The updated plan is in place. Development regulations are on the horizon.
Can sewers be far behind? Stay tuned, and wait for the static to clear.
By a vote of 2-1, Island County commissioners this week approved an updated version of the Freeland Subarea Plan.
The plan, required by the state when it designated Freeland a Non-Municipal Urban Growth Area in 2007, is designed to guide the character of the South End’s largest commercial center as its population increases by more than a 1,000 to an anticipated 4,000 residents by 2020.
The updated plan, the result of efforts built on information gathered from more than 100 community meetings since 2007, includes chapters that cover land use, natural lands, civic and open space, capital facilities, utilities, transportation, economic development and housing.
“This doesn’t get us to the finish line, but it gets us a whole lot closer,” Helen Price Johnson, county commissioner for the South End, said Thursday. “It provides the foundation on which the future of Freeland can be built.”
Price Johnson and Commissioner Angie Homola voted to adopt the updated plan at the commission’s regular meeting on Monday.
Commissioner Kelly Emerson voted no, expressing concern that the plan would help to lock Freeland residents into an expensive sewer system they can’t afford.
County long-range planner Troy Davis said Thursday that the next step in the planning process for Freeland is to create development regulations that fit the overall vision of the subarea plan.
Davis said the process will include public workshops to gather information, as was done with the subarea plan update. He said it’s expected that workshops will be scheduled later this year.
The proposed regulations would then be taken up by the county planning commission, and then by the county commissioners.
“We’ve made a lot of progress, but we’ve still got a lot of progress to make moving forward,” Davis said. “We want to see this process wrapped up, and I think we’re headed in the right direction.”
Once development regulations are approved by the county commission, the foundation will be in place for orderly growth in Freeland, Price Johnson said.
She said that the county’s job in the process is to create a subarea plan and development regulations that offer a “visionary” framework for Freeland.
The third piece of the puzzle is a corresponding plan to deal with utilities, which she said is ultimately the community’s responsibility.
“There’s still so much more information that needs to come forward,” Price Johnson said. “There’s still more to be learned.”
She emphasized that the subarea plan isn’t set in stone, and that it can be adjusted to fit a utilities plan devised by the community. Sewers, however, are generally regarded as a prerequisite for incorporation.
They’re also seen as a pathway to cleansing Holmes Harbor and to reopening shellfish harvesting there.
“Our job is to provide the framework for a community conversation to happen,” Price Johnson said.
“I hope the community can focus on the issue and not get polarized.”
Polarization appears to be under way, however, as officials and property owners lock horns over a proposed two-phase sewer system expected to cost nearly $40 million.
Several residents and property owners have expressed concern over the proposed formation of a local improvement district. They fear that without state and federal funds, the assessments under the LID would be so expensive that many property owners would be forced to sell — if selling would be indeed possible.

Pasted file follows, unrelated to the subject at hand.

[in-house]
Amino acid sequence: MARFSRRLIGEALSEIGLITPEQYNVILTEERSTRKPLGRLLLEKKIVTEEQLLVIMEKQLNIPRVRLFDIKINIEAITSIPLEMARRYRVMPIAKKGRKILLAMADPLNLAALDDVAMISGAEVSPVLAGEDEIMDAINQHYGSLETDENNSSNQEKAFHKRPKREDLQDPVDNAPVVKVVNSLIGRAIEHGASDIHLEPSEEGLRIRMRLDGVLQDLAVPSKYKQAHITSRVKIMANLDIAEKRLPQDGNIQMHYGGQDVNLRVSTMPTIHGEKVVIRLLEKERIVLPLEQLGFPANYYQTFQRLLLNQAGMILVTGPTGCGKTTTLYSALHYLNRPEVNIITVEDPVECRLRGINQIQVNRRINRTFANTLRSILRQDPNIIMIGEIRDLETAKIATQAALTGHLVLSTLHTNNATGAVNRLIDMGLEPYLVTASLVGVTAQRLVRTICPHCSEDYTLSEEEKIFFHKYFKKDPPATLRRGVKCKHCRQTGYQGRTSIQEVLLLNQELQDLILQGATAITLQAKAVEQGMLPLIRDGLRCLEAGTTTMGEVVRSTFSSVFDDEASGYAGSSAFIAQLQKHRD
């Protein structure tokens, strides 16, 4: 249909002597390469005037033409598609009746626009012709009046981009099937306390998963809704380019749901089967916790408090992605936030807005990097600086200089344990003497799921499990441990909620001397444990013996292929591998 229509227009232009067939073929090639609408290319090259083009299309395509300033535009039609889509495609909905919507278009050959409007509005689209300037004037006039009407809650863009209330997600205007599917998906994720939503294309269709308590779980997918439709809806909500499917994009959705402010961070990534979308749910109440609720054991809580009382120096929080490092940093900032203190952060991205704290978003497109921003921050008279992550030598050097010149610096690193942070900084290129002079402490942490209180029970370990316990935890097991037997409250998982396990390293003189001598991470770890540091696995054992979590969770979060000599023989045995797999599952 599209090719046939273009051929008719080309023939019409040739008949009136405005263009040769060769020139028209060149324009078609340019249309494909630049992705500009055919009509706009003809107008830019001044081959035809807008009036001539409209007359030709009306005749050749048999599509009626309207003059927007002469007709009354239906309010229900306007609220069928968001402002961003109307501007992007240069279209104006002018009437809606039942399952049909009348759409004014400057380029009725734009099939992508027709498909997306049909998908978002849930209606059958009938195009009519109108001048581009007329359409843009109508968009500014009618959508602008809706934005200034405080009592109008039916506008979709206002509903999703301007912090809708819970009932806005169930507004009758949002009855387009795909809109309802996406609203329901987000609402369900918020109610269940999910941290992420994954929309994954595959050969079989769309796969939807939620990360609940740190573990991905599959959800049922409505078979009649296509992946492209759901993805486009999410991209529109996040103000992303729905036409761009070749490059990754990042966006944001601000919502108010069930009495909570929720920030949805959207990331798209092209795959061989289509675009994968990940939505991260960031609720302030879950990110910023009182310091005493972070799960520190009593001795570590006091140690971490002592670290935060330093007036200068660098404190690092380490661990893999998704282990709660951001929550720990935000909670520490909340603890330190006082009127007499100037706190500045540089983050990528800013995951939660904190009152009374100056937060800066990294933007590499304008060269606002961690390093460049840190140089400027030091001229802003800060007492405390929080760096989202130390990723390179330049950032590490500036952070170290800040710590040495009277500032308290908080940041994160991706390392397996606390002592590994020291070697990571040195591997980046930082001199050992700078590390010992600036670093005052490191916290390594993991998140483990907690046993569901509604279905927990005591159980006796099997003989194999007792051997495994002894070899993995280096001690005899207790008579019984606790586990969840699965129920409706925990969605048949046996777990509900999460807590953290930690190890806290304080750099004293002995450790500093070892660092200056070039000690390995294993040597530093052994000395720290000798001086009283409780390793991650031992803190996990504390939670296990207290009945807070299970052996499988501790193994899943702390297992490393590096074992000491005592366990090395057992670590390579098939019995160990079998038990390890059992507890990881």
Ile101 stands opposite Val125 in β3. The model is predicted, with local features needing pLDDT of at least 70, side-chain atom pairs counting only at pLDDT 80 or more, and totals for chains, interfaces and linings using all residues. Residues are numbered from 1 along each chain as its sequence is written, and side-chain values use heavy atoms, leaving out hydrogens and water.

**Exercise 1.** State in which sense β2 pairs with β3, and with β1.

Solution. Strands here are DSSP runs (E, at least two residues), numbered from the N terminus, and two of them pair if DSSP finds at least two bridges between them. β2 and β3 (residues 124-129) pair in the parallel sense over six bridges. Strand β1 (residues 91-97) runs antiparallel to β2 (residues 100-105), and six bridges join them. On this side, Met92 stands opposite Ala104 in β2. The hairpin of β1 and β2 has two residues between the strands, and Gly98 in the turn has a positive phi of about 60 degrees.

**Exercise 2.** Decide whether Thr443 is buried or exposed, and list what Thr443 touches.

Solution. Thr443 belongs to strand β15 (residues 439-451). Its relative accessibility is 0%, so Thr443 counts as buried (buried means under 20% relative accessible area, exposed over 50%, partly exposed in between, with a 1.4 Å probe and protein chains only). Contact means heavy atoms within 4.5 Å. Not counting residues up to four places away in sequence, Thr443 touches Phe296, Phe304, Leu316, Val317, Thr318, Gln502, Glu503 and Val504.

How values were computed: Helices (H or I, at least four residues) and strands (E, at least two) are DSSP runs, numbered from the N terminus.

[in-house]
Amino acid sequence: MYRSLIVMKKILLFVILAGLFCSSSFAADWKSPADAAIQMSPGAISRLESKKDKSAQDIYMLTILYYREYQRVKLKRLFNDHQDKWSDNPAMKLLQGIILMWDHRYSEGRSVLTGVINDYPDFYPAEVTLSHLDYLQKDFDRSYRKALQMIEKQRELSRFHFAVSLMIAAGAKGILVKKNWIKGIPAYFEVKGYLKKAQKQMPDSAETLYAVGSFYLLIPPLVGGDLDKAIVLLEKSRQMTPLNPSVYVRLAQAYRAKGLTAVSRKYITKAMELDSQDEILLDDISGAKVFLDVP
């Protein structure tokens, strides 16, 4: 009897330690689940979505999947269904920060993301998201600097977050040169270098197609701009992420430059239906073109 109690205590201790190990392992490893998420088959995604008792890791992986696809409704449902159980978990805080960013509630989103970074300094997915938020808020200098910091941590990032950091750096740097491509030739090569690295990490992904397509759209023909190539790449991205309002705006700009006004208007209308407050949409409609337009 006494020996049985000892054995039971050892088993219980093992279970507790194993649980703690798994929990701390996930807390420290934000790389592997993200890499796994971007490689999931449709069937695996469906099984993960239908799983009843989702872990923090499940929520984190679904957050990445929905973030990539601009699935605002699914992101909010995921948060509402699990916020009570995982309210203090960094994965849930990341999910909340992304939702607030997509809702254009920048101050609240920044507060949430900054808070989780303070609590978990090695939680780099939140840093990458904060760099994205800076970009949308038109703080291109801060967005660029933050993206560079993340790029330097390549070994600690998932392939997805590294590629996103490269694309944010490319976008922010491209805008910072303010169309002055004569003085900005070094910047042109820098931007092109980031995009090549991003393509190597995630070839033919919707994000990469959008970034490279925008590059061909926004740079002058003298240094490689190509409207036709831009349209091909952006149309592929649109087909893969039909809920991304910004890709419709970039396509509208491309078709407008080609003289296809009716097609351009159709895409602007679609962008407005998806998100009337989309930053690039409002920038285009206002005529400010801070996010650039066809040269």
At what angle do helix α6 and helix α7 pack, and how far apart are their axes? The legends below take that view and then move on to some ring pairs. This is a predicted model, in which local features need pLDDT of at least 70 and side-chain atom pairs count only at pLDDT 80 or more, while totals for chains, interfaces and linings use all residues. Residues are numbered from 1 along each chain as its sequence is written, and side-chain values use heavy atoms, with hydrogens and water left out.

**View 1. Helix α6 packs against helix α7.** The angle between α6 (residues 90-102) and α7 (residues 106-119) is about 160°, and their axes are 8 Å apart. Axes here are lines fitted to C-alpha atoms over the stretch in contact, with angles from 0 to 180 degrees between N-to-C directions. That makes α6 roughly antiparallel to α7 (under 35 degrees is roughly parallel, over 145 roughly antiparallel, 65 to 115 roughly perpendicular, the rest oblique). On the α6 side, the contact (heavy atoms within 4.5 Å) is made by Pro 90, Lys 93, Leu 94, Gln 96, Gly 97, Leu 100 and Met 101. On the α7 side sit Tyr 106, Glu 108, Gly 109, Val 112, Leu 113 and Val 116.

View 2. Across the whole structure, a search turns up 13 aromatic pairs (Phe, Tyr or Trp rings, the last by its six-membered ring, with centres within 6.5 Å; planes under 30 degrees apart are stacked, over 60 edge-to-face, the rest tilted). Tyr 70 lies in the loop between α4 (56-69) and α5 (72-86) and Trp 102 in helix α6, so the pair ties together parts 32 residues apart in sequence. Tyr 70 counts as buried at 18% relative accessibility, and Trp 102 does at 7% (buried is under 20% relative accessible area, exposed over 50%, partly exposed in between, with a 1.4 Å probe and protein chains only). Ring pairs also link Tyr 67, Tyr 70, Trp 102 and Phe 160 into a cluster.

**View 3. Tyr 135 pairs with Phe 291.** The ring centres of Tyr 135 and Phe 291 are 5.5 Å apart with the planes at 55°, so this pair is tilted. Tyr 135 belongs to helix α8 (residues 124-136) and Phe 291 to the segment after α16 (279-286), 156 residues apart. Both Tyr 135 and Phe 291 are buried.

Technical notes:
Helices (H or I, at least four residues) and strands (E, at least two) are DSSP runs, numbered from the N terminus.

Sewer proponents have used grant money from the county to do preliminary planning for a sewer system and to purchase property for a treatment plant and outfall. They remain optimistic that other grants and low-interest loans will become available for the project.
A public hearing on a proposed LID is scheduled for May 24. Officials of the Freeland Water and Sewer District, which is spearheading the sewer project, are expected to vote then on a resolution to form the LID.
Such a resolution would be followed by a 10-day period during which property owners can submit formal protests to the LID. If owners of 40 percent of the land within the LID protest the project, the LID can’t be formed.
The district plans to send notices to property owners before the hearing that will set out what the costs will be for each property. The district also plans to schedule another community meeting in April to try to answer additional questions and concerns.
Preliminary estimates of LID assessments are also expected to be released during two open houses, planned for May 10 and May 17. The actual amount of the assessments may not be determined until after the LID is formed, officials said.
Assessment costs may change if there are cost overruns, or if the project comes in under budget, officials said. The amount of grant money received will also affect the size of assessments.
Meanwhile, a group of more than 50 determined opponents of the sewer plan have been meeting weekly to organize a campaign to gather enough protest letters from property owners to block the plan by May 24.
The group has named itself Property Owners Opposed to Proposed Sewers (POOPS).
“I think it’s very appropriate,” said Marilynn Abrahamson, a group member who came up with the name.
Abrahamson said nearly half of the required letters of protest already have been collected, and she predicted the group will meet the 40-percent requirement before the May meeting.
“We’re going to do this,” she said.